Therefore, the stem cells that are in the placental tissue are not programed to become specialized organs like all other stem cells. These stem cells have essentially already reached their final developmental destiny, and upon the birth of the baby, all the placental tissue is discarded.
And yet, the placenta, the amniotic fluid, and the umbilical cord have stem cells that can be harvested at the same time the baby is born.
Umbilical Cord Stem Cells are Immune Privileged
As these stem cells do NOT genetically belong to the mother, baby, or father, they do not have a genetically distinct identity that would make them incompatible with other humans. Therefore, they CAN be used medically for other adult humans without causing immunological rejection.
These placental stem cells have additional biochemical and cellular characteristics that make them different from other stem cells, and most promising for the advancement of Regenerative Medicine.
What are Stem Cells Used For?
These cells are quite special because studies show that they can divide and differentiate, creating new tissues, cells, and even an entire organ.
Adult stem cells have been used in human treatments and stem cell therapies for many years.
The advancement of Stem Cell research is an increasingly important area of the medical field. Regenerative Medicine specialists around the world report they can replace or heal damaged cells or tissues in the body. You can even say they work as a built-in repair system for the entire human organism.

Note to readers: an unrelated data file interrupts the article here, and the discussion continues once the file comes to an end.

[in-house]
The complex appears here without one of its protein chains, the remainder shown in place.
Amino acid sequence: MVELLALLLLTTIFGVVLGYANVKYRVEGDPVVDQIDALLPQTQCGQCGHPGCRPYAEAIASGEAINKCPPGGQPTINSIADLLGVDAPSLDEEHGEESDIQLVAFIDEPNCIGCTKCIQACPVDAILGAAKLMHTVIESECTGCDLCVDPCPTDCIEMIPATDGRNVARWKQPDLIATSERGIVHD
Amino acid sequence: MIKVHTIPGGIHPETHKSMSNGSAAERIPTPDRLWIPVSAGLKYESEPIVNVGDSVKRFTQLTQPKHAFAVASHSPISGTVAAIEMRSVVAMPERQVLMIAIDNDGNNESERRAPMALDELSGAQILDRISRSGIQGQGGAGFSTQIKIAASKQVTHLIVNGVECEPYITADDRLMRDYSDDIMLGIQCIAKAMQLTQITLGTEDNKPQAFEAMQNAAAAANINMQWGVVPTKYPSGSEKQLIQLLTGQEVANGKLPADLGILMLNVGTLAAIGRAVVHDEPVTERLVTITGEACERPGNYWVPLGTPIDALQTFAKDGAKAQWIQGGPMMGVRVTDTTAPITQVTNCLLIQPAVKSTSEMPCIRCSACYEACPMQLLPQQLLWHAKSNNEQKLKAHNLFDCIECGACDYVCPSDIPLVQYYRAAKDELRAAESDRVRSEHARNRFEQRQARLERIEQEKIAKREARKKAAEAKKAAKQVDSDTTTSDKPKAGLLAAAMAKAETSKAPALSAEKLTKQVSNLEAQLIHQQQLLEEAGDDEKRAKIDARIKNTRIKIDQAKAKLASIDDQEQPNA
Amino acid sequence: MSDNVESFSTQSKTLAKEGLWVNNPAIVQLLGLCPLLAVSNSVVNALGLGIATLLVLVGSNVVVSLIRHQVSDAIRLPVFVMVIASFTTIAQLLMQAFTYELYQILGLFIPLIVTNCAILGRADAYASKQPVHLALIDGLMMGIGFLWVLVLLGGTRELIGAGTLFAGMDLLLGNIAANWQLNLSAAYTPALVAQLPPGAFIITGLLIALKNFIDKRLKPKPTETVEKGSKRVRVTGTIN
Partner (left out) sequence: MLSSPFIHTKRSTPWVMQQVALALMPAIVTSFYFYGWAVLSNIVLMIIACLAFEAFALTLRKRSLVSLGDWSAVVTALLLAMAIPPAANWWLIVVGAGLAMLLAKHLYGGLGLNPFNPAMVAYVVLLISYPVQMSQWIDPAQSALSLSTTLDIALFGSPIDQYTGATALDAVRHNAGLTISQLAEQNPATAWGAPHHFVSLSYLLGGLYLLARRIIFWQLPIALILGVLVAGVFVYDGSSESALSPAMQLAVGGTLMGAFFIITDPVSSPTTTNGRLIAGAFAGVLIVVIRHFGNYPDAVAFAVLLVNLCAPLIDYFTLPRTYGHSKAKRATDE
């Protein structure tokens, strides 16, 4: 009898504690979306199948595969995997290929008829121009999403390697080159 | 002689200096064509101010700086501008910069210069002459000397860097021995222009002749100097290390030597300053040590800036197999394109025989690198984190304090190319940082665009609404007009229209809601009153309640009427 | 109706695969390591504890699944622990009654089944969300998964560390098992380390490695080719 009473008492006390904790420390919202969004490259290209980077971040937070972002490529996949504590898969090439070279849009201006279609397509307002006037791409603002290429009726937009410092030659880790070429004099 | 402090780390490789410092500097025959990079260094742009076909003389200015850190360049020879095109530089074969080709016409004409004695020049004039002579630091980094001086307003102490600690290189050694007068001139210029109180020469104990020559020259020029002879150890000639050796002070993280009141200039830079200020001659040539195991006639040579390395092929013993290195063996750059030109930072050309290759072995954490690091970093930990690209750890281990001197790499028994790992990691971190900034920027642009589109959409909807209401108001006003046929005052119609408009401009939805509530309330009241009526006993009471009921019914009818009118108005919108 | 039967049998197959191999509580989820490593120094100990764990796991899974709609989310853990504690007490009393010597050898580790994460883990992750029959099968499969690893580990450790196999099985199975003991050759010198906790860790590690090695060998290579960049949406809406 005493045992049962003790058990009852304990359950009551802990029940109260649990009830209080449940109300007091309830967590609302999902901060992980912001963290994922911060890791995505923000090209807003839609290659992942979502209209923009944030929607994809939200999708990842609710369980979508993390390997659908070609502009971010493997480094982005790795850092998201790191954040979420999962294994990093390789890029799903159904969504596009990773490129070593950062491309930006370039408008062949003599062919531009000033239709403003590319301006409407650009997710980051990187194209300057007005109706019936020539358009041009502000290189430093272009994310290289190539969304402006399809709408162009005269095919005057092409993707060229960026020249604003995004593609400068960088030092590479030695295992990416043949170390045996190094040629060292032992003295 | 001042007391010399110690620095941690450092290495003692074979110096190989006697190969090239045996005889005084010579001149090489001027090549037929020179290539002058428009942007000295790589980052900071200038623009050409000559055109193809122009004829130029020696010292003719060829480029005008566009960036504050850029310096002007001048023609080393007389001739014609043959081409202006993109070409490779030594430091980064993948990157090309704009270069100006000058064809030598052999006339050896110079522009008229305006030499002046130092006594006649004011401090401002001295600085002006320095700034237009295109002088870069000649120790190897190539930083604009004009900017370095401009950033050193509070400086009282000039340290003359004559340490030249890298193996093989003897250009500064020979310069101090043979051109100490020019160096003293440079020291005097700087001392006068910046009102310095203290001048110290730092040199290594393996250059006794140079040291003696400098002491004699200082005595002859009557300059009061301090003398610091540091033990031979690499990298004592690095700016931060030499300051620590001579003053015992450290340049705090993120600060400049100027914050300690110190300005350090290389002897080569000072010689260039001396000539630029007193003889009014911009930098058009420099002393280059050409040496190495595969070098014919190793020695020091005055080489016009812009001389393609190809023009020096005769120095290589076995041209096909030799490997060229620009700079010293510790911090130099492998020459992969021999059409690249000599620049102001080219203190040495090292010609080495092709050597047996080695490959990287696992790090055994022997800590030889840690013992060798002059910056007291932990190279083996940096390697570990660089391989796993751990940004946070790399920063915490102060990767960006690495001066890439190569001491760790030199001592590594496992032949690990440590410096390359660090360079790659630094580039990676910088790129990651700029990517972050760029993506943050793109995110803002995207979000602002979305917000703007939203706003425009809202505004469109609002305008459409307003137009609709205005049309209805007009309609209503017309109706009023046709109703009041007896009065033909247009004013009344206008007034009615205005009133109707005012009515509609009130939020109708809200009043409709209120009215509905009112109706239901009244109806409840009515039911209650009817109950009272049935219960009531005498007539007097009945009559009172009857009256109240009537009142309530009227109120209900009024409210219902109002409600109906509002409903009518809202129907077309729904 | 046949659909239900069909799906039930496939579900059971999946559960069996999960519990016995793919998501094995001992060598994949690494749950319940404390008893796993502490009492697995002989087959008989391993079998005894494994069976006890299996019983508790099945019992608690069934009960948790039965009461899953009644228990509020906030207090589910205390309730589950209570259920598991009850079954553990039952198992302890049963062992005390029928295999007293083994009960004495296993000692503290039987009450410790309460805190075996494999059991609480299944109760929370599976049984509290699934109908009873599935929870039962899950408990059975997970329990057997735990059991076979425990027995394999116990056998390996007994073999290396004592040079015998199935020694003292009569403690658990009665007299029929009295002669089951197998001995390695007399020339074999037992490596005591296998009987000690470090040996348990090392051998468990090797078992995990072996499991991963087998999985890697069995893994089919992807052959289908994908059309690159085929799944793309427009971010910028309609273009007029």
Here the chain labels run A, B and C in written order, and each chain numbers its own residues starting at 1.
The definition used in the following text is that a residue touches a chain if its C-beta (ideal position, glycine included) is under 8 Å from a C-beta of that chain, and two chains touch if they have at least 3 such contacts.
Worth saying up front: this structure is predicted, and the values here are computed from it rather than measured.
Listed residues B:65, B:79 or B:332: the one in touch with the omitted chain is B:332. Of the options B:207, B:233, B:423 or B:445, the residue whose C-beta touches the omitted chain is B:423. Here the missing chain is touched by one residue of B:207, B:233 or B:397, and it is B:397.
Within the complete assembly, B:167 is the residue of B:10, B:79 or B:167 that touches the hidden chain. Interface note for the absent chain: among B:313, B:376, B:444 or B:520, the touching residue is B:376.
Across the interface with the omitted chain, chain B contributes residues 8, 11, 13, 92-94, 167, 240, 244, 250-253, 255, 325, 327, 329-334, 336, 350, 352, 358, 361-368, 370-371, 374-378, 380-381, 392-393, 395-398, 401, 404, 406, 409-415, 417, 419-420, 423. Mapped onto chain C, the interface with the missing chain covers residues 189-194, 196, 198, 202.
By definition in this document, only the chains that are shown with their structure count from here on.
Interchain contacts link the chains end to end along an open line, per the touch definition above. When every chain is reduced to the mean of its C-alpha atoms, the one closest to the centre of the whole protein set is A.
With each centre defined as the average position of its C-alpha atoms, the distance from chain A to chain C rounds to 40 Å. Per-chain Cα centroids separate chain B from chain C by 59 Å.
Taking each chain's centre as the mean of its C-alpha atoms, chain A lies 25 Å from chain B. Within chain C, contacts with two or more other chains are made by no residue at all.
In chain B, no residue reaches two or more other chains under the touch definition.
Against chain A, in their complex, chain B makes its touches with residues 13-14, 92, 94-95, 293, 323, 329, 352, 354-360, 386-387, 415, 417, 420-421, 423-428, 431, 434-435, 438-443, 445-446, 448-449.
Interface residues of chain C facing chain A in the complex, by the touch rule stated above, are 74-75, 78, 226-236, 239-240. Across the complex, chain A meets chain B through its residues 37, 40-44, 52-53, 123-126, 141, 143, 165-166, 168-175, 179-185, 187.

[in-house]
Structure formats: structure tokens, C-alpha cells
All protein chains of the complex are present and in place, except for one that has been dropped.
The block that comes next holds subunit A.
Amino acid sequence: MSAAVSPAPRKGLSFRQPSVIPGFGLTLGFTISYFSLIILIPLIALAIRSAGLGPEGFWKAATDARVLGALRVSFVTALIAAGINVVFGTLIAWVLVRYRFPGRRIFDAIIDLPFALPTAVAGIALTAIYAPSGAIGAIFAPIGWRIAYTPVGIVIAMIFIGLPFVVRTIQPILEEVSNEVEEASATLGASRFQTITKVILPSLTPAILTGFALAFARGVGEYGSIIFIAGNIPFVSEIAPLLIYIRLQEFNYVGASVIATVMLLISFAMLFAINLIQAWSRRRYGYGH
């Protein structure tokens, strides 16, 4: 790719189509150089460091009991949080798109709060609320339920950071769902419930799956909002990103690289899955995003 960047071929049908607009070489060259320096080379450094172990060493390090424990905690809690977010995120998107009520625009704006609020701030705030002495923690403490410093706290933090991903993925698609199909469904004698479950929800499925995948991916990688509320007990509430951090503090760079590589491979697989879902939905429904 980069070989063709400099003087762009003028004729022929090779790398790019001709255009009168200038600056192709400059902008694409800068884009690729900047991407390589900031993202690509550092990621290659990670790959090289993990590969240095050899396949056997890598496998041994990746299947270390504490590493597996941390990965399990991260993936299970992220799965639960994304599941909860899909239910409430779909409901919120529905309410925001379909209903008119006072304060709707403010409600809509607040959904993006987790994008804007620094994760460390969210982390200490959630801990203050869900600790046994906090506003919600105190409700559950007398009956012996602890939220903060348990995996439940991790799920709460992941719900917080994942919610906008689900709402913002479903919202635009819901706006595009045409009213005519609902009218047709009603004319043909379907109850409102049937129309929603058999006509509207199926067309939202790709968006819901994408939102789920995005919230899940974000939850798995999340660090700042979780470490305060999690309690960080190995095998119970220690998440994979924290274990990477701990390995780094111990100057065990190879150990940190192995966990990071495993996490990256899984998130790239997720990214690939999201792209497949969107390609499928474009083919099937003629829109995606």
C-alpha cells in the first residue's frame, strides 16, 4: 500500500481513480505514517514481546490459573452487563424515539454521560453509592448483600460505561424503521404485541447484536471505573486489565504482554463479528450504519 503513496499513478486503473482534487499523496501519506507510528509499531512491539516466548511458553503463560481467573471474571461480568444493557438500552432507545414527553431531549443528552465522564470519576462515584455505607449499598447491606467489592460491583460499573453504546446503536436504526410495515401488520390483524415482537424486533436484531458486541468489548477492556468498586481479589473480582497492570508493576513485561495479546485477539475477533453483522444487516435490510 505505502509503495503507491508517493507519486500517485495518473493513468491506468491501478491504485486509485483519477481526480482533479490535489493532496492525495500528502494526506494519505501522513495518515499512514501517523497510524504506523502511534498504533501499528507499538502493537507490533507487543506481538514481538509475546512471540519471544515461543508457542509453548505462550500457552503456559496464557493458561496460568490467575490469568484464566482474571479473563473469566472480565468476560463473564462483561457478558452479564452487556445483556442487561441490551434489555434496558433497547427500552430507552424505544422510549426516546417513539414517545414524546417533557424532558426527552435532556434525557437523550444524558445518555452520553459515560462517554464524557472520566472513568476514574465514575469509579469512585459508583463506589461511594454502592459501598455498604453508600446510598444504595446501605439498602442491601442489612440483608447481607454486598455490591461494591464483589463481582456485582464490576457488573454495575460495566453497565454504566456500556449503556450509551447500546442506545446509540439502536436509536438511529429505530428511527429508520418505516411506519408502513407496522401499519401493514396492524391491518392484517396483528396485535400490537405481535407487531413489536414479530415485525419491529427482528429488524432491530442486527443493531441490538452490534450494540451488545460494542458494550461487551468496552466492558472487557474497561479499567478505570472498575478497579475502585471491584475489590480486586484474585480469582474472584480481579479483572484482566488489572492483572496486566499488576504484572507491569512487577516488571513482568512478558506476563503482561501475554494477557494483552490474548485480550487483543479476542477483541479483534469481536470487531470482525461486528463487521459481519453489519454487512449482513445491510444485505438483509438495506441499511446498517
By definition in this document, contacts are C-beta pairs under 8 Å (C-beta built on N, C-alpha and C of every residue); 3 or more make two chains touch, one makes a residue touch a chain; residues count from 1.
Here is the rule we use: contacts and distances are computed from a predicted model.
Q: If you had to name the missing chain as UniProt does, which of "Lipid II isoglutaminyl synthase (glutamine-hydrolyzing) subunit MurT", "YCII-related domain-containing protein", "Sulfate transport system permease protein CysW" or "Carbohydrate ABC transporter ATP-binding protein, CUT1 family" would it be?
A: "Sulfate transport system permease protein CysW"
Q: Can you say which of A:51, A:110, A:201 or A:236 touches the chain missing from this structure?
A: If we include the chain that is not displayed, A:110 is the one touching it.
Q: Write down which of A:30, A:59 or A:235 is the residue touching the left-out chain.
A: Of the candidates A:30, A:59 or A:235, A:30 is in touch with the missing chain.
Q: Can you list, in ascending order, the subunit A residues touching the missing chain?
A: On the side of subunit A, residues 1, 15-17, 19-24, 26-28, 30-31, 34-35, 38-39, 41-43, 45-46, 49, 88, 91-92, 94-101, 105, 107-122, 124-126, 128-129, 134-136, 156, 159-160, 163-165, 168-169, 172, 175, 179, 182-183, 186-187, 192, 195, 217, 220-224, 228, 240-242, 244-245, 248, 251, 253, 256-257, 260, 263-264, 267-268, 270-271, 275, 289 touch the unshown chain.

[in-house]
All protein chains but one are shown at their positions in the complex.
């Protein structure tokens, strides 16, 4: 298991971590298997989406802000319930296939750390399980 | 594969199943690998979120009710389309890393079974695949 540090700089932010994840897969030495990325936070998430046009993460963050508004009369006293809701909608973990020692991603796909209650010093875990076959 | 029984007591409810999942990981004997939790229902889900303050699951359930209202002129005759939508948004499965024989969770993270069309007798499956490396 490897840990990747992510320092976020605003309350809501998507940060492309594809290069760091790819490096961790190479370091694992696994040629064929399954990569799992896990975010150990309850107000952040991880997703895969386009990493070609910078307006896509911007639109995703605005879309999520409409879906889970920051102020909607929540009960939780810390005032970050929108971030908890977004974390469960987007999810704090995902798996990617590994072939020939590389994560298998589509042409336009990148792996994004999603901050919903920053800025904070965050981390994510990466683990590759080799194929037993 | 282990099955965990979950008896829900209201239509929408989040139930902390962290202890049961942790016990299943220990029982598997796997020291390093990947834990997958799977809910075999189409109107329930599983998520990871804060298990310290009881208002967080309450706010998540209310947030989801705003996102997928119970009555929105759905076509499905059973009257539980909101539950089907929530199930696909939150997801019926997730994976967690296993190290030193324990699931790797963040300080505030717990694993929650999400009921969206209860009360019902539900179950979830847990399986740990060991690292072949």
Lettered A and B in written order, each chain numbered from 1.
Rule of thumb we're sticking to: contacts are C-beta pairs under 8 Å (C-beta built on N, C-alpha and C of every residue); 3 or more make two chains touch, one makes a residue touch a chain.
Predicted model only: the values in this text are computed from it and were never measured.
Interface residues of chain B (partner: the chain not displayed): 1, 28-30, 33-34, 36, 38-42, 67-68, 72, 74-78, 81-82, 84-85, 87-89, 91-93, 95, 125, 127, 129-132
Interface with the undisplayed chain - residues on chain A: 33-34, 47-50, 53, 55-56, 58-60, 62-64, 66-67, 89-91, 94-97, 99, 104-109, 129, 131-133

Stem cells replenish other affected cells during a person’s entire life.
Adult stem cells are called the body’s “natural” solution by Regenerative Medicine specialists around the world. This is because they can be found in our bodies in their natural form. When any part of human physiology is in need of healing due to a disease or damage, these cells provide a repair mechanism to replenish your tissues.
About the Authors
Doctors Alice Pien, MD and Asher Milgrom, Phd are established pioneers in the fields of Regenerative Medicine and Skincare. Their expertise ranges from advanced laser systems to HCT/P – Stem Cell medicine. Their medical education and advanced certifications span from medical schools of NY State University, the University of Chicago, to Johns Hopkins, Harvard and UCLA. They approach medicine with the clinical expertise of over 85,000 successful treatments over the past 20 years and significant scientific research resulting in proprietary protocols that they customize for each individual patient.
- Anzalone R, Opatrilova R, Kruzliak P, Gerbino A and La Rocca G. Mesenchymal Stromal Cells From Wharton’s Jelly (WJ-MSCs): Coupling Their Hidden Differentiative Program to Their Frank Immunomodulatory Phenotype. 2018;20:271-279.
- Vangsness CT Jr, Sternberg H, Harris L. Umbilical Cord Tissue Offers the Greatest Number of Harvestable Mesenchymal Stem Cells for Research and Clinical Application: A Literature Review of Different Harvest Sites. 2015 Sep;31(9):1836-43.